Nevada Lawmakers Look to Undo Anti-SLAPP Laws

     CARSON CITY, Nev. (CNS) – A bill to change Nevada’s anti-SLAPP law is being examined in the Assembly Judiciary Committee after sailing through the state Senate earlier this month.
     SLAPP lawsuits — the acronym stands for “strategic lawsuit against participation” – are aimed at stifling free speech when individuals challenge a government action.
     Anti-SLAPP laws are meant to protect citizens against intimidation by threats of meritless lawsuits from the beneficiaries of those legislative or regulatory actions.
     Nevada’s current law, NRS 41.660, states a defendant must file a motion to dismiss the case within 60 days after service; the plaintiff must provide complete evidence the state they made was true; the court must rule within seven judicial days; and “the court shall award reasonable costs and attorney’s fees to the person against whom the action was brought.”
     Senate Bill 444, sponsored by the Senate Committee on Judiciary and casino mogul Steve Wynn, changes those rules in significant ways.
     First, it changes the filing day of motions to dismiss from 60 to 20 days; plaintiffs must “establish prima facie evident of each and every element of the claim, except such elements that require proof of the subjective intent or knowledge of the defendant” ; and repeals the current law’s guidelines regarding who should bear the financial burden of the trial.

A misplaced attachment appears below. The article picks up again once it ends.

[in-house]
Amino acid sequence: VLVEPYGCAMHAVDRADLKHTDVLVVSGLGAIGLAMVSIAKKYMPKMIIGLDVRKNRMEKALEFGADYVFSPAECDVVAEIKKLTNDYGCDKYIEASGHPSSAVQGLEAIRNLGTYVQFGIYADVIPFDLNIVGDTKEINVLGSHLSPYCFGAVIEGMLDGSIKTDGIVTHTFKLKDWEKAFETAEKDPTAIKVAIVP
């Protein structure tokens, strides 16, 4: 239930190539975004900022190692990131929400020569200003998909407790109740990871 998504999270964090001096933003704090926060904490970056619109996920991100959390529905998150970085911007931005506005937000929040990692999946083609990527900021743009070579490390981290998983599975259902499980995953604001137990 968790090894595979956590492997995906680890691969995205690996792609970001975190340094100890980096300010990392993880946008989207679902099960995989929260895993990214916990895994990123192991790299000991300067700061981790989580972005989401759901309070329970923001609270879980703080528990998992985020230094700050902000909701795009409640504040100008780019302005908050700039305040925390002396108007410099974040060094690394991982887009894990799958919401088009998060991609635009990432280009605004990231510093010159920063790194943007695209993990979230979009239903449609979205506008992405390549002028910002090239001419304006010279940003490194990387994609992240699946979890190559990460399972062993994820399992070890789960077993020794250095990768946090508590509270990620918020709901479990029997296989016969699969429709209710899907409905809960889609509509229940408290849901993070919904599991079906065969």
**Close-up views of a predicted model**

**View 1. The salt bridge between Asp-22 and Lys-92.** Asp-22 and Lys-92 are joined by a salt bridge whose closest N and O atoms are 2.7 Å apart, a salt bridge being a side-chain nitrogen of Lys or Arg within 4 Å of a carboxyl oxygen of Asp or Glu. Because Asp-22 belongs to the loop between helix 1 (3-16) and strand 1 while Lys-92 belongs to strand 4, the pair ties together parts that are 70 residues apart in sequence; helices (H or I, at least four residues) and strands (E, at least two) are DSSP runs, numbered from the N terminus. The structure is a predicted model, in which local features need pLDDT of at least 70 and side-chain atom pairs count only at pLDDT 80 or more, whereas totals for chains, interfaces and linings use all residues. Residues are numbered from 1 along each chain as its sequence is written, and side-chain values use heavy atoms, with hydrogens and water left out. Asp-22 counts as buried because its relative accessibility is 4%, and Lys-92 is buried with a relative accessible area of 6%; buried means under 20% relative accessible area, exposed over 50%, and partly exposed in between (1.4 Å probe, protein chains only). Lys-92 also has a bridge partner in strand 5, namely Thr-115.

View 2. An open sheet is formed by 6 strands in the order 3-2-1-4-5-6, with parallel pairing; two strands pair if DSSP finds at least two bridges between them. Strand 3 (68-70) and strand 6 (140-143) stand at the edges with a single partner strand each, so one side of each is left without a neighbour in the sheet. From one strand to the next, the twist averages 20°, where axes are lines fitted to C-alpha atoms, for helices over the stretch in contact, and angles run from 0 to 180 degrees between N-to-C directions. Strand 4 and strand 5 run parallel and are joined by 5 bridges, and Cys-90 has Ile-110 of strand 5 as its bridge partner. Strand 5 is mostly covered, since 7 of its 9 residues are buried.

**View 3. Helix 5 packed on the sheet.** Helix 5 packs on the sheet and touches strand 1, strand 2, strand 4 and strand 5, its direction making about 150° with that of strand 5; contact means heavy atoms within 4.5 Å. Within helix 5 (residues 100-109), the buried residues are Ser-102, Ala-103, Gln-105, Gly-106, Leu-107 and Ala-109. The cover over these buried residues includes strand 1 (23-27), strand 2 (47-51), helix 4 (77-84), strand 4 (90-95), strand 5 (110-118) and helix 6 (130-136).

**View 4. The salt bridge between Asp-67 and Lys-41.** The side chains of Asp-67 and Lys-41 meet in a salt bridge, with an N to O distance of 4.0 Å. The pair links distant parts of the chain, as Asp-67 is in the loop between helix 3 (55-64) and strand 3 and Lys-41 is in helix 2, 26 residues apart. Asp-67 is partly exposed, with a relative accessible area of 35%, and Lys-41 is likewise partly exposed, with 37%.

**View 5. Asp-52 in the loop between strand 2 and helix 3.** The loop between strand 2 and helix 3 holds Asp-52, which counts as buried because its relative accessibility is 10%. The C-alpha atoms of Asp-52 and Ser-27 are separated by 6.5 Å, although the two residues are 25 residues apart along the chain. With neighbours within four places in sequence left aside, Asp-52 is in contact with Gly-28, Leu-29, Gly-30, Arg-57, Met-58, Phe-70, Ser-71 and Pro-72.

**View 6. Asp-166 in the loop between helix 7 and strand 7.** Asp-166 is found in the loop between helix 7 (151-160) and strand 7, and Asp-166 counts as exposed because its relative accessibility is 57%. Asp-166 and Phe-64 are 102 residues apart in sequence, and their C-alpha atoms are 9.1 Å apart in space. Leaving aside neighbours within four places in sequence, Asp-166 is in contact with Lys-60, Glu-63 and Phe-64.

Although Sen. Greg Brower, R-Reno, is not the primary sponsor of the bill, he spoke on its behalf during the Assembly judiciary committee hearing on April 24.
     “This is a reasonable bill,” Brower said. “My view is the 2013 law went too far.”
     However, many organizations and citizens in Nevada are furious about SB444.
     “[This bill] is a solution looking for a problem,” said Trevor Hayes on behalf of the Nevada Press Association.
     “The current law protects entertainment associations,” said Melissa Patack on behalf of the Motion Picture Association of America.
     Many who opposed the senate bill do so because they fear it infringes on their First Amendment rights.
     But Brower urged the committee not to be distracted by the “exaggerated rhetoric” he said now surrounds the bill, and to keep its “collective eye on the ball.”

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